Now, as the ship’s medical officer, Hannah was in a unique position of trust. But it wasn’t always that way. Hannah and Konrad came through the selection process for Operation Storm Cloud together (unlike the Captain, his wife, and Major Jeanville, who were pre-selected specifically for the mission and also an integral part of the mission planning and selection process), so initially they were on equal footing. He even mentions in his journal how much she stood out to him right from the get-go, and they clicked instantly. He even quotes some of their conversations from memory, and by his voice you can tell he got on really well with her in the beginning—they even had their own little inside jokes and ongoing private discussion topics. Had he not specifically contradicted that line of reasoning, you would normally assume that they were also close enough and friendly enough to be sleeping together. You might even say it was suspicious that they weren’t. And the really interesting thing, even once she did get chosen as Chief Medical Officer, and thus became senior in rank to Konrad, she still treated him as an equal and not a subordinate. She showed him favouritism—maybe not overt favouritism, but in the military treating a subordinate as an equal is odd enough.

She was also strangely patient with him, which suggests that she also thought of him as more than just an acquaintance. But in the end, he was unnecessarily cruel to her, which was completely and totally out of place. For what he pulled the last time they took a walk together in the North Gardens, she had every right to be mad at him, spiteful even, but you may be surprised to find that she wasn’t. She was just hurt, but not hurt enough to be cruel.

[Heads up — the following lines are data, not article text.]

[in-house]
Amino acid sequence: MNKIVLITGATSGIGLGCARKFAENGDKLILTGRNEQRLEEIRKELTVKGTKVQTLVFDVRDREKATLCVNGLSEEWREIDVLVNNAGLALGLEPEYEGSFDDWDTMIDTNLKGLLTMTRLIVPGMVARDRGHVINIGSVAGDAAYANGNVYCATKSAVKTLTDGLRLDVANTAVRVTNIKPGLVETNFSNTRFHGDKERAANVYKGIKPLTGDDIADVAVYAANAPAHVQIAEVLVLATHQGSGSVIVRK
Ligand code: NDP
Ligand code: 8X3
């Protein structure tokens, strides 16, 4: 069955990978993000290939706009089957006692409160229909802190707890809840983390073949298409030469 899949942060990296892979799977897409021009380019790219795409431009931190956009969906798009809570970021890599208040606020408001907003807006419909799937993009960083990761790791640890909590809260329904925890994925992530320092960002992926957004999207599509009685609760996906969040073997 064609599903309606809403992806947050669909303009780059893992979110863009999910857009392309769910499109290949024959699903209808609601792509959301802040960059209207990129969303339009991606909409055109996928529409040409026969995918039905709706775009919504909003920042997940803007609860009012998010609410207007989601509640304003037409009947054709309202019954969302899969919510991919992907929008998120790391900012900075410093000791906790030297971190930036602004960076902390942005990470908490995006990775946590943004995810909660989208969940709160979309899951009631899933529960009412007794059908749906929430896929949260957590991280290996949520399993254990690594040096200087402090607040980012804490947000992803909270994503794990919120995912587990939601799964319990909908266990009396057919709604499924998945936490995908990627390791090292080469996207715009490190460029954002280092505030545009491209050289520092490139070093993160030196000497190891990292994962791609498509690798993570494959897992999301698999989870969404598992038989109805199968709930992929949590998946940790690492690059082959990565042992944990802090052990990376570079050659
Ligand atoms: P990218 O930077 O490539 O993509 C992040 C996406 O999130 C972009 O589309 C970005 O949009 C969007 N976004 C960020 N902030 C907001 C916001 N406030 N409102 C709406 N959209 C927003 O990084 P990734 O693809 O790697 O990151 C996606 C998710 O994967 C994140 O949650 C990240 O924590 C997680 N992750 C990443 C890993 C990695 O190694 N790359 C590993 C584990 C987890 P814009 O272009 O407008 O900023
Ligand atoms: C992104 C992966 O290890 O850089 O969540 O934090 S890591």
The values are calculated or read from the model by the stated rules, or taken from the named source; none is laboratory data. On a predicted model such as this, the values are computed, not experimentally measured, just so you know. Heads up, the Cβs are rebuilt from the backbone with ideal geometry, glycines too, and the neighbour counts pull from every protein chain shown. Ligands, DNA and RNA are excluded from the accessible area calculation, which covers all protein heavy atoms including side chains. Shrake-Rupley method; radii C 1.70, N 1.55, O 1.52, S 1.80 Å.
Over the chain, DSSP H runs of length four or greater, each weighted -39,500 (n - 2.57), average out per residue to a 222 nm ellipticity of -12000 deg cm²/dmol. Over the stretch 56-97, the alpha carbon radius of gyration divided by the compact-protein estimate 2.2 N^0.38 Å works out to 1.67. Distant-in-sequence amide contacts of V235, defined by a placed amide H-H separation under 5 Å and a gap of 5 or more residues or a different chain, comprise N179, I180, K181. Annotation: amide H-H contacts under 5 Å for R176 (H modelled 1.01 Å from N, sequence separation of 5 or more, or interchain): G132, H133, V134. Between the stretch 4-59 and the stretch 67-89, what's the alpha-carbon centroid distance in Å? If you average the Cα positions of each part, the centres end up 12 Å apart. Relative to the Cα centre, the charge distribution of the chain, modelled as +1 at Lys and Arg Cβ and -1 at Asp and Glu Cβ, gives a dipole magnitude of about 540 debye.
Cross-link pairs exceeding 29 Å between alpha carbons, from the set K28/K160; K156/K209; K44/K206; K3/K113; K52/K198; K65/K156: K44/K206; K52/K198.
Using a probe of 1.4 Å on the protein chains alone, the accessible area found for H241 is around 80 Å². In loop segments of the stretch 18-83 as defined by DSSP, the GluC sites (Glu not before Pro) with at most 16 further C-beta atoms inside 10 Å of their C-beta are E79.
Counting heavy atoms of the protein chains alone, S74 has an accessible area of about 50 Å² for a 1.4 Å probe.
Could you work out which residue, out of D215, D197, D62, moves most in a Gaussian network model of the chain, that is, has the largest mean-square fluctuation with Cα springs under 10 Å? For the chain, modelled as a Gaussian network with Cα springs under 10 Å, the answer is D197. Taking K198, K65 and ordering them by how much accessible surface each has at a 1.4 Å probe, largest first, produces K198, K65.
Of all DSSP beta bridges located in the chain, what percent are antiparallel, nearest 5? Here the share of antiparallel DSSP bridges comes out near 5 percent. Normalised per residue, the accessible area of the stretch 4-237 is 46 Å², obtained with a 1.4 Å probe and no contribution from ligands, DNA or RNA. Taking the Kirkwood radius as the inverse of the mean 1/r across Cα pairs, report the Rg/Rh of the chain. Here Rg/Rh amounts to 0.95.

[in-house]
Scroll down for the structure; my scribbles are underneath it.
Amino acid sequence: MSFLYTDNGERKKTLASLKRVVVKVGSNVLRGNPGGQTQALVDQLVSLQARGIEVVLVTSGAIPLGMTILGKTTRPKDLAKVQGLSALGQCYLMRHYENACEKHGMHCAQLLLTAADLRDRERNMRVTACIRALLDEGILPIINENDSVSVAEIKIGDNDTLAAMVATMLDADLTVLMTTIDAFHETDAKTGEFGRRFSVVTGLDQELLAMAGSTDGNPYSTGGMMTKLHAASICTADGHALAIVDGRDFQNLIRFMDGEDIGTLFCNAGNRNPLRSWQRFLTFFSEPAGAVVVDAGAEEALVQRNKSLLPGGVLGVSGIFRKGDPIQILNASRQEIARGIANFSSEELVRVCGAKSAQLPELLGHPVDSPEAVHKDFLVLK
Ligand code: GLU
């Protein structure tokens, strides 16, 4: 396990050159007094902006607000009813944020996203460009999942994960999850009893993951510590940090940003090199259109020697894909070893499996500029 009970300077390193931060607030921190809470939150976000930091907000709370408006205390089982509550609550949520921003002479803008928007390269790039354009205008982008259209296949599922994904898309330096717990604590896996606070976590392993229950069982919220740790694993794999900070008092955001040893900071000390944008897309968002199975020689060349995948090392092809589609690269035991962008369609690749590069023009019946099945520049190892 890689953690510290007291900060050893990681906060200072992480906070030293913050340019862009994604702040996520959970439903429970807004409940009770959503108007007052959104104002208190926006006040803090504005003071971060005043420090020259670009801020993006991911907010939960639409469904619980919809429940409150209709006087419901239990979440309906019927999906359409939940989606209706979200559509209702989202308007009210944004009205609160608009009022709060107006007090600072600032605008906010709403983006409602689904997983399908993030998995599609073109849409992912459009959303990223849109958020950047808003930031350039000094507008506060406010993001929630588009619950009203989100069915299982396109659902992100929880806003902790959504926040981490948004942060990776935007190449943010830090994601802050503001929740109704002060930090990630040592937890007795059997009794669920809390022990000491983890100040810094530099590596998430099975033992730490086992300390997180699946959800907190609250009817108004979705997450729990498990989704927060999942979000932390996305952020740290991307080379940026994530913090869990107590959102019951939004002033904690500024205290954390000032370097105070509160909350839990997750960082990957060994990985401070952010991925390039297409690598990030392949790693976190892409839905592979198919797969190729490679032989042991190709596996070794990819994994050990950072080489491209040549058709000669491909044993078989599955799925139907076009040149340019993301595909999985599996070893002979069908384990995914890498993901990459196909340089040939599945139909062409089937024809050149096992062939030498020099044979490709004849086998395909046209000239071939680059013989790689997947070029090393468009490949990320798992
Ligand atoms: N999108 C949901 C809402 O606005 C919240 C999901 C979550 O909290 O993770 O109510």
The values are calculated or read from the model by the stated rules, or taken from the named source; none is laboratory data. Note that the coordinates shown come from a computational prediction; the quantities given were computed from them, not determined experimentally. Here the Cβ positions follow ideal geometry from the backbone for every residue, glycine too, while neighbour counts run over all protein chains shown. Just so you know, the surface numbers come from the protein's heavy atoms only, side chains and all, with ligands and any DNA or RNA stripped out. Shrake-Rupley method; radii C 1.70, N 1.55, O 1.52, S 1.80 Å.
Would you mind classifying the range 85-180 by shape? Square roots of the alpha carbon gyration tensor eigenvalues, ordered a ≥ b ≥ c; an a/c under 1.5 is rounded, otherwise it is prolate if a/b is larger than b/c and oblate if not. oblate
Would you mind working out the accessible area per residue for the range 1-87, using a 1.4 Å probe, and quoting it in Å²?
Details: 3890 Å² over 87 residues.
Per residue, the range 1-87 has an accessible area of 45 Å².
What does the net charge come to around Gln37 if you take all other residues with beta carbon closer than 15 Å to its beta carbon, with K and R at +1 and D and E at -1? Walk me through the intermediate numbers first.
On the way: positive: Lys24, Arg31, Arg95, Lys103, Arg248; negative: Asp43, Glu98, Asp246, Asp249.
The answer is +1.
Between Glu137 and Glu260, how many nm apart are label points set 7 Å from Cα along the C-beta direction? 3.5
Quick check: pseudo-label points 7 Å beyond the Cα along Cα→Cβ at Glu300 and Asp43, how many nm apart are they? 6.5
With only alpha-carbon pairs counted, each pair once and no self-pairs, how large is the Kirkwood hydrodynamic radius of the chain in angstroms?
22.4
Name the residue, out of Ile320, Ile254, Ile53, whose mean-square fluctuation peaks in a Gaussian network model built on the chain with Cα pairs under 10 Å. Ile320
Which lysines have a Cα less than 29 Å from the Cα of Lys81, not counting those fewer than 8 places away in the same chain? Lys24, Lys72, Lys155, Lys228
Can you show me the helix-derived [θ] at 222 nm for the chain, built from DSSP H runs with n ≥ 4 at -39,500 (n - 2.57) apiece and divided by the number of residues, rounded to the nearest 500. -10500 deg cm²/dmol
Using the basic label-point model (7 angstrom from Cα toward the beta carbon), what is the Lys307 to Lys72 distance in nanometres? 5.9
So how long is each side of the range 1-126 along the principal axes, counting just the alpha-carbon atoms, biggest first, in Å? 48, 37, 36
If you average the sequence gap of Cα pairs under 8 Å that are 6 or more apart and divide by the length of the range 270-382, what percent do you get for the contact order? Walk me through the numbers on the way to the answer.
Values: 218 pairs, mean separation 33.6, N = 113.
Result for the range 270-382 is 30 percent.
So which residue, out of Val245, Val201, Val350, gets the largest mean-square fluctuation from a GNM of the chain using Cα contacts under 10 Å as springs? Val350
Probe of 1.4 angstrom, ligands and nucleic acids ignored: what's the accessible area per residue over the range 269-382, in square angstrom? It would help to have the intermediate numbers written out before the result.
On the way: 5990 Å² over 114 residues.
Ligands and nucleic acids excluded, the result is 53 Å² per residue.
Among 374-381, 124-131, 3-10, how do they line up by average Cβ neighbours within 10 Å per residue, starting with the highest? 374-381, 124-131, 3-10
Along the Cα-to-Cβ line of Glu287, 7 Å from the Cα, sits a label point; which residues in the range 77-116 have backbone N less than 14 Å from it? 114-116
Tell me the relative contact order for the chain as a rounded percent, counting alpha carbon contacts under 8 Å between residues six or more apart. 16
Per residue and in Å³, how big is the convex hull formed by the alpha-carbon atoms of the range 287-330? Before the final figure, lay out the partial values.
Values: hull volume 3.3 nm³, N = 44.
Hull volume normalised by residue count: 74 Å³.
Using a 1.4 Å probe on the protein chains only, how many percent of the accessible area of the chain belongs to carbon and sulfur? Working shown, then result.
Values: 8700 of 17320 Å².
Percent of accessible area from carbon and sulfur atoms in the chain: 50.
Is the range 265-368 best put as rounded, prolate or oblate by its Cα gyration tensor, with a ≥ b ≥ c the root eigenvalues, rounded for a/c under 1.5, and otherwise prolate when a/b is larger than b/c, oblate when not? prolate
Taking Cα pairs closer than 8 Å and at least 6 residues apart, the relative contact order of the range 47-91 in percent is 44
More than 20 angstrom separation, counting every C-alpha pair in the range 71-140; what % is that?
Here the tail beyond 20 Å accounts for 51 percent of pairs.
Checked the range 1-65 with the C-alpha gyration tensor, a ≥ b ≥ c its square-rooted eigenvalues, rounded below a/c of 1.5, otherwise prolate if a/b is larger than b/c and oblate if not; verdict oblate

This is an important point, because it brings us back to her initial diagnosis of him immediately after the Alpha Centauri incident. Now, Konrad pulled a pretty big stunt, hijacking the ship the way he did, convincing a subordinate to obey unauthorized orders, dismissing protocol, etc., etc. SOLCOM was already convinced that he had suffered a major mental breakdown, simply from the way he had behaved towards Hannah in response to a sexual advance; so this further instance of instability merited a full investigation. As far as Konrad was concerned, he was being analyzed by Hannah; but the medical staff at SOLCOM HQ was observing the entire process, giving her suggestions and such, with the intention of coming back together at the end with their final diagnosis. She had to diagnose him with something that explained his sudden change in behaviour and disregard for rules, and couldn’t get away with a simple “it’s just mission stress” or “overexcitement.” Normal emotionally and mentally balanced individuals don’t get panic attacks, major mood swings, or sudden unstoppable compulsions to misbehave. And furthermore, it takes so much effort to fake a mental illness, most people just can’t commit to the task unless they’re desperate.